Listening to refocus at work
Updated: 2012-08-26 08:00
By Amisha Padnani (The New York Times)
The guy in the next cubicle is yammering on the phone. Across the room, someone curses loudly at a jammed copy machine. Suddenly your headphones look very appealing. Would anyone mind if you tapped into your iTunes playlist?
Some workers like to listen to music when they find themselves losing focus.
In biological terms, melodious sounds help encourage the release of dopamine in the reward area of the brain, as would eating a delicacy or smelling a pleasant aroma, said Dr. Amit Sood, a physician with the Mayo Clinic in Rochester, Minnesota.
People's minds tend to wander, "and we know that a wandering mind is unhappy," Dr. Sood said. "Most of that time, we are focusing on the imperfections of life." Music can bring us back to the present moment.
"It breaks you out of just thinking one way," said Teresa Lesiuk, an assistant professor in the music therapy program at the University of Miami.
Dr. Lesiuk's research focuses on how music affects workplace performance. In one study involving information technology specialists, she found that those who listened to music completed their tasks more quickly and came up with better ideas because the music improved their mood.
"When you're stressed, you might make a decision more hastily; you have a very narrow focus of attention," she said. "When you're in a positive mood, you're able to take in more options."
Dr. Lesiuk found that personal choice in music was very important. She allowed participants in her study to select whatever music they liked and to listen as long as they wanted. Those who were moderately skilled at their jobs benefited most, while experts saw little or no effect. Some novices found the music distracting.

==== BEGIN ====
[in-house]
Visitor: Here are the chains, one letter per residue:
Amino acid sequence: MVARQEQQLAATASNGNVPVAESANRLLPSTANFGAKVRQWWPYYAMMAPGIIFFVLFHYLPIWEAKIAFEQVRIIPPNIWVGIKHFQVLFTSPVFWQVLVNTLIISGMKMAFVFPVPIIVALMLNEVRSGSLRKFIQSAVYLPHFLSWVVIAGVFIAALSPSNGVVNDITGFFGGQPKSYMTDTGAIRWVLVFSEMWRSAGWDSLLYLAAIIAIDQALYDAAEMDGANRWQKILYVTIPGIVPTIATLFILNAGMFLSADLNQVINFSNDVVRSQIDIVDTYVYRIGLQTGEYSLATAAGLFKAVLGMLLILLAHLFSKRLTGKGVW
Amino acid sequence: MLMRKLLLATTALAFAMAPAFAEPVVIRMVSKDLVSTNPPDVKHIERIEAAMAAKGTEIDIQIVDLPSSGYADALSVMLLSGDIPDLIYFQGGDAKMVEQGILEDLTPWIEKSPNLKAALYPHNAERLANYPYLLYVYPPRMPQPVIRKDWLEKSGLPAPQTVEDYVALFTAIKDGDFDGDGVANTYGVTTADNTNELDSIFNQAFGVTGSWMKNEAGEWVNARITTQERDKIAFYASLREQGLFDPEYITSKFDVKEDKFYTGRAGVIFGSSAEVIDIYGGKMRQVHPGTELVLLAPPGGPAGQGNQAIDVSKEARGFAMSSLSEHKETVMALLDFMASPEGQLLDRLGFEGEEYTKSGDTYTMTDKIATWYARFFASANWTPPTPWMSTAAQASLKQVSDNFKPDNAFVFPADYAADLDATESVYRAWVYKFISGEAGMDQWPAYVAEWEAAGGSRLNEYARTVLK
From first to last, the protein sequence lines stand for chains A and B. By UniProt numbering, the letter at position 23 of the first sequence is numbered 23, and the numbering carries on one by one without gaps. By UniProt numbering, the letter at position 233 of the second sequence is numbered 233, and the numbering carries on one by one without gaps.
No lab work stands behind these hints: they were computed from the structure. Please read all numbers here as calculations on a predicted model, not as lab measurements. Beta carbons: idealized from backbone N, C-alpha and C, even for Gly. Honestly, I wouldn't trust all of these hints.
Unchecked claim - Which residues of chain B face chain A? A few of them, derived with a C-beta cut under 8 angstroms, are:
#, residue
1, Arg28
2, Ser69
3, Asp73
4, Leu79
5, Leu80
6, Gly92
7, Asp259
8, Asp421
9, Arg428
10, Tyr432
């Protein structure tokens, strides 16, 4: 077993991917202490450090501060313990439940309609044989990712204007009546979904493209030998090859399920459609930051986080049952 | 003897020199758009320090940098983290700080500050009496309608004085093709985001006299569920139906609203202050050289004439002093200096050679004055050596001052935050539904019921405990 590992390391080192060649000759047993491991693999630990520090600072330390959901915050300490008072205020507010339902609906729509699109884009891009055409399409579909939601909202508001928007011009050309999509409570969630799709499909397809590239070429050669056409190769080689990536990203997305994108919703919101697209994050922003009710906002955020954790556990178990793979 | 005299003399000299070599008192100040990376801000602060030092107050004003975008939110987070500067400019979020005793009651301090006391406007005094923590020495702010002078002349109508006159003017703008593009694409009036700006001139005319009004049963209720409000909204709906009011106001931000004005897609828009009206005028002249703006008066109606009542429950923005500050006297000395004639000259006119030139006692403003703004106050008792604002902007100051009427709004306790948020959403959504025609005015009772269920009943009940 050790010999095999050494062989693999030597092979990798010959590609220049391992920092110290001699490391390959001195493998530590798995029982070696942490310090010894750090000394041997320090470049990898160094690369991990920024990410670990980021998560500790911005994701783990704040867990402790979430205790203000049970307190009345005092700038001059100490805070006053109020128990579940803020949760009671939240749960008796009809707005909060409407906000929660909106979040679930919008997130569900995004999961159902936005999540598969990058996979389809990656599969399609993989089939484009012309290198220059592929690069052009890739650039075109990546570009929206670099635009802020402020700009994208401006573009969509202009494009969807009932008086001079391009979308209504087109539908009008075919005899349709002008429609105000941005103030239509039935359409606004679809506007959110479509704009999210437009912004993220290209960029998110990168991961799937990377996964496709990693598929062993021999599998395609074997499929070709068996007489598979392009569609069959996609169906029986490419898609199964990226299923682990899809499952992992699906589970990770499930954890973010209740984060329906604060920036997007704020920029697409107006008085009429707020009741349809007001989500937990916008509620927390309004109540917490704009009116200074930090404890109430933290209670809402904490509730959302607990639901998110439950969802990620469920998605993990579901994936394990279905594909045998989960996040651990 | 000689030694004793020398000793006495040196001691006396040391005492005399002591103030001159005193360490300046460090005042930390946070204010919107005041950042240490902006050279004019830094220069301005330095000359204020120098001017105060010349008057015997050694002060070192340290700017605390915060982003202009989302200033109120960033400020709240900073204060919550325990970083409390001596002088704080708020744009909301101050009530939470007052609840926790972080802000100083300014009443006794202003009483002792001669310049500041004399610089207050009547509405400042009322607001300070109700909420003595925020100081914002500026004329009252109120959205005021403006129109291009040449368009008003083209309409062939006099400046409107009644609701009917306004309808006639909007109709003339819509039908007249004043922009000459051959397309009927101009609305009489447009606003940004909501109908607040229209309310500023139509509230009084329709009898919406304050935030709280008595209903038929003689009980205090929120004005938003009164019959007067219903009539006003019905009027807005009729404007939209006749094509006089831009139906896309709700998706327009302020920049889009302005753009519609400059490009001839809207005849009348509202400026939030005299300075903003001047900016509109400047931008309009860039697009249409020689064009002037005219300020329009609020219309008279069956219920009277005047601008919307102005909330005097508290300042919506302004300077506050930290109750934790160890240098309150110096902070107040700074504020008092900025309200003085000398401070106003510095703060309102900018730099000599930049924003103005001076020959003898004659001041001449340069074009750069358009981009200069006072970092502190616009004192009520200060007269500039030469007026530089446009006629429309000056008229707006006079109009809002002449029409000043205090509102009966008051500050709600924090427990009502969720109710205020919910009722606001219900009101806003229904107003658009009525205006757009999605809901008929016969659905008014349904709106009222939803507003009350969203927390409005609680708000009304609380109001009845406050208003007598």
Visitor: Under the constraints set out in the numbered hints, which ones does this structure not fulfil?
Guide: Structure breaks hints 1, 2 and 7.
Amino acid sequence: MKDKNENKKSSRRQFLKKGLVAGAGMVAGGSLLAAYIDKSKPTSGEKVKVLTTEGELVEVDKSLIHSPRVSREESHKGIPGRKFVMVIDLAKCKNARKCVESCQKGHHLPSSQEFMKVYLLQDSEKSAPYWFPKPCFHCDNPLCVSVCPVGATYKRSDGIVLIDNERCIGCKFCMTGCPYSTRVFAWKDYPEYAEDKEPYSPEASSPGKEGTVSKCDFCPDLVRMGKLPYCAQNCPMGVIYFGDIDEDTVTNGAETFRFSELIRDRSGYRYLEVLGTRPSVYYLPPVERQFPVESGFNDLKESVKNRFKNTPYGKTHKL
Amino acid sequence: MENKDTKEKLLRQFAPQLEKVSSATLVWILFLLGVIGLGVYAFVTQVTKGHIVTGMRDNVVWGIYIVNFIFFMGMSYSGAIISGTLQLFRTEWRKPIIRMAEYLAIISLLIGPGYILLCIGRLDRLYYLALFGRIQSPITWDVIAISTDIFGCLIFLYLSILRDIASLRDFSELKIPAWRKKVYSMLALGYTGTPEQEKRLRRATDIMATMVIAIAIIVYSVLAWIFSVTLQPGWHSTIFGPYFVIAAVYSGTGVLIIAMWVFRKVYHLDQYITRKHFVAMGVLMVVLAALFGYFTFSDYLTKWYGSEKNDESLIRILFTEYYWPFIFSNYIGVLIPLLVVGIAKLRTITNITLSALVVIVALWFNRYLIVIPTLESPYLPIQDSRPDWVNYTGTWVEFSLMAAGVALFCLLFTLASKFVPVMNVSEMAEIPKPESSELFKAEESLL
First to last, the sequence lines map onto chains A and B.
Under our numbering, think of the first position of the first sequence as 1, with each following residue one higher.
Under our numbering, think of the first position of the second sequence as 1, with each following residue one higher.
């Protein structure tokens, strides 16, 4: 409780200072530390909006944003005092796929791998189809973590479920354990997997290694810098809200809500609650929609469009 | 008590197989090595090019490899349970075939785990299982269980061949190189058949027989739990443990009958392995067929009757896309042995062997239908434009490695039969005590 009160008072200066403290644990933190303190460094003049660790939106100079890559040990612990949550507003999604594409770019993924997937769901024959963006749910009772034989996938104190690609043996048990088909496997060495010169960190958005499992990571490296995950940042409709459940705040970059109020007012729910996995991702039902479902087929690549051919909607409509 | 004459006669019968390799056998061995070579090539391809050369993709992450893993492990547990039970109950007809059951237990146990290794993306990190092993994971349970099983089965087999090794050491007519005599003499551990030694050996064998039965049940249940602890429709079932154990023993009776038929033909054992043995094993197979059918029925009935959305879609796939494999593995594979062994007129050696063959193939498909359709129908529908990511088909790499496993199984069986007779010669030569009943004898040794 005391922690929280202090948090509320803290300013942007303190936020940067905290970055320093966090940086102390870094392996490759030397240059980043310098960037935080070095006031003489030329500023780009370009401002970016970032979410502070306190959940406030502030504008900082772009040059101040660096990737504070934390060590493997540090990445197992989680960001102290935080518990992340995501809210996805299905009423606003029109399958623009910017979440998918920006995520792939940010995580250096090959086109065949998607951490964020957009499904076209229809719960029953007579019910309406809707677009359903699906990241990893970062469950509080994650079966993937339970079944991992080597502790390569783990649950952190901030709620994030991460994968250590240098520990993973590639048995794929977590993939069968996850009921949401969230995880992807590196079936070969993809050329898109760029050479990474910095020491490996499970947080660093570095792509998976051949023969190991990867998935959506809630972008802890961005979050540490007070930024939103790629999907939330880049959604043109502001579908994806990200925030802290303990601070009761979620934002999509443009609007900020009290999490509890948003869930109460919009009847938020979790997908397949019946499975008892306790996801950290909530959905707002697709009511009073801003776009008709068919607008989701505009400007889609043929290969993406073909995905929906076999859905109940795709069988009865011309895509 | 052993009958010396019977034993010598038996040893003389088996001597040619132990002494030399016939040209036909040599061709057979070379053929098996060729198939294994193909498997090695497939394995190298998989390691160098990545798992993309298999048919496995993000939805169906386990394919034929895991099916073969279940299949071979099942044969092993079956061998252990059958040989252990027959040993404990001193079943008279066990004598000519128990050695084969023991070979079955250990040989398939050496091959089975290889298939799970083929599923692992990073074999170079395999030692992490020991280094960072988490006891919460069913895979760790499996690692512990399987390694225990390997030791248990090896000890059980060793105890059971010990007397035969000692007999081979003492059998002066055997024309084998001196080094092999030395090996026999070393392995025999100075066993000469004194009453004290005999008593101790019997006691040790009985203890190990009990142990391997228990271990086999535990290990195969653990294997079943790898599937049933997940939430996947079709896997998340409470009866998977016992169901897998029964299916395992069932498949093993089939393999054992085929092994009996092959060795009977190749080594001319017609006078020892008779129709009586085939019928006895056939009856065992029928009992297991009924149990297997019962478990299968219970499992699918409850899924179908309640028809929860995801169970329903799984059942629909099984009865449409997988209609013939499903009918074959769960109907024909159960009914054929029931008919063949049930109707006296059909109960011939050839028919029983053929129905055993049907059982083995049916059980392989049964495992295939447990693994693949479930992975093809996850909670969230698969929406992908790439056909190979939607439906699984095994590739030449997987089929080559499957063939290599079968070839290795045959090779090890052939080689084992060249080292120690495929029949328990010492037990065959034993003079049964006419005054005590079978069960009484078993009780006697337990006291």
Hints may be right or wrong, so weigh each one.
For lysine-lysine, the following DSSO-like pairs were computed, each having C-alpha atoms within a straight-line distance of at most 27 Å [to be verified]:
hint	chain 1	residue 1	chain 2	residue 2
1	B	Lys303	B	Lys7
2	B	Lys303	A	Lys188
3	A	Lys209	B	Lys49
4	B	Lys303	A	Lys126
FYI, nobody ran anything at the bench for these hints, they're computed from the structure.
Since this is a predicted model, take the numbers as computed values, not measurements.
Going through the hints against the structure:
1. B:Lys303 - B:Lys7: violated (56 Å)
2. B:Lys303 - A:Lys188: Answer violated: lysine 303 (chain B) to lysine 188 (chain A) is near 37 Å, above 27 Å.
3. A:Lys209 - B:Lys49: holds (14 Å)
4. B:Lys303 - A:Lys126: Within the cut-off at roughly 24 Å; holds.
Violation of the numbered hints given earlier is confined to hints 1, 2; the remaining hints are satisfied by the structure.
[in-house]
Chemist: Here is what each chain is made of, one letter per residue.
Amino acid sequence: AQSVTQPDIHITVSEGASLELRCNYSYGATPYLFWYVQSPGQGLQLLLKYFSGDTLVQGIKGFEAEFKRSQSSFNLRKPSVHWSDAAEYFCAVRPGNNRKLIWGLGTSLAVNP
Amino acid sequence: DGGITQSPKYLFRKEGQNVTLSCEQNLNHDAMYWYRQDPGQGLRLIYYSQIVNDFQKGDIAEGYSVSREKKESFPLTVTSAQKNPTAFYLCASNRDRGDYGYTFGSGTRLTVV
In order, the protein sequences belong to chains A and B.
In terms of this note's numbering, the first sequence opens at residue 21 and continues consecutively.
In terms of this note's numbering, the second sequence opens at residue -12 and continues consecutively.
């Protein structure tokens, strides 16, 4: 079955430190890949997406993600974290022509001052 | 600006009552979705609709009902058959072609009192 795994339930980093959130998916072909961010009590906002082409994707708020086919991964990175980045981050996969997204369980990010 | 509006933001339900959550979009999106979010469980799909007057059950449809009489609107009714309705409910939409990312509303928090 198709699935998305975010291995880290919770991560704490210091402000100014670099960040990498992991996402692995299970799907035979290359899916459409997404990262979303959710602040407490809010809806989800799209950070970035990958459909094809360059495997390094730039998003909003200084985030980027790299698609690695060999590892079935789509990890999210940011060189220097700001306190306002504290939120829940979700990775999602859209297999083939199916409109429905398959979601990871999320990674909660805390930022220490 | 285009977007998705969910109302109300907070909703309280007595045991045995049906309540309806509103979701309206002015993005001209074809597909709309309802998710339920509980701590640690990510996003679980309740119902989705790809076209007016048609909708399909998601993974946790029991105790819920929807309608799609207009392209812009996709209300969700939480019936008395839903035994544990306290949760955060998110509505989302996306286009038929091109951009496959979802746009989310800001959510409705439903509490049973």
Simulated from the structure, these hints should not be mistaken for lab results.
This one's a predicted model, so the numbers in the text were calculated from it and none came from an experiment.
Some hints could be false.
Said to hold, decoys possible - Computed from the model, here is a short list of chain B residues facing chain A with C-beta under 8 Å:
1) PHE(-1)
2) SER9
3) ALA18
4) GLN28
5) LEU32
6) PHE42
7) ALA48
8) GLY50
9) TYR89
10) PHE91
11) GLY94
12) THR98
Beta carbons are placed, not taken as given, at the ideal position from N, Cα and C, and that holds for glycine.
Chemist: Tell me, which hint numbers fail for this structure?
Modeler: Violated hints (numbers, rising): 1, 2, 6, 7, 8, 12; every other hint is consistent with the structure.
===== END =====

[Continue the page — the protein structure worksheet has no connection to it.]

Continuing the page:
Few companies have policies about music listening, said Paul Flaharty, a regional vice president at Robert Half Technology, a staffing agency. But it is still a good idea to check with your manager, even if you see others wearing headphones in the office.
He said some supervisors might think that workers wearing headphones weren't fully engaged and were "going into their own world."
"If someone's not doing a good job," he said, "you can have a hiring manager say that all they do is listen to music all day and that it's hampering productivity."
It's best to set limits, because wearing headphones for an entire shift can be seen as rude. Dr. Sood said it takes just 15 minutes to a half-hour of listening time to regain concentration.
Daniel Rubin, a columnist at The Philadelphia Inquirer, said he has listened to jazz and piano concertos for most of his 33-year newspaper career - but only when writing on deadline.
"The person clicking their nails three desks away and the person humming next to me all sound equally loud and it's hard for me to block them out," he said.
He now works mostly alone, and people in the office seldom need to approach him. But when he was a budding reporter, he noticed that colleagues would become irritated when trying to get his attention. "People were screaming at you because they needed you."
The New York Times
(China Daily 08/26/2012 page10)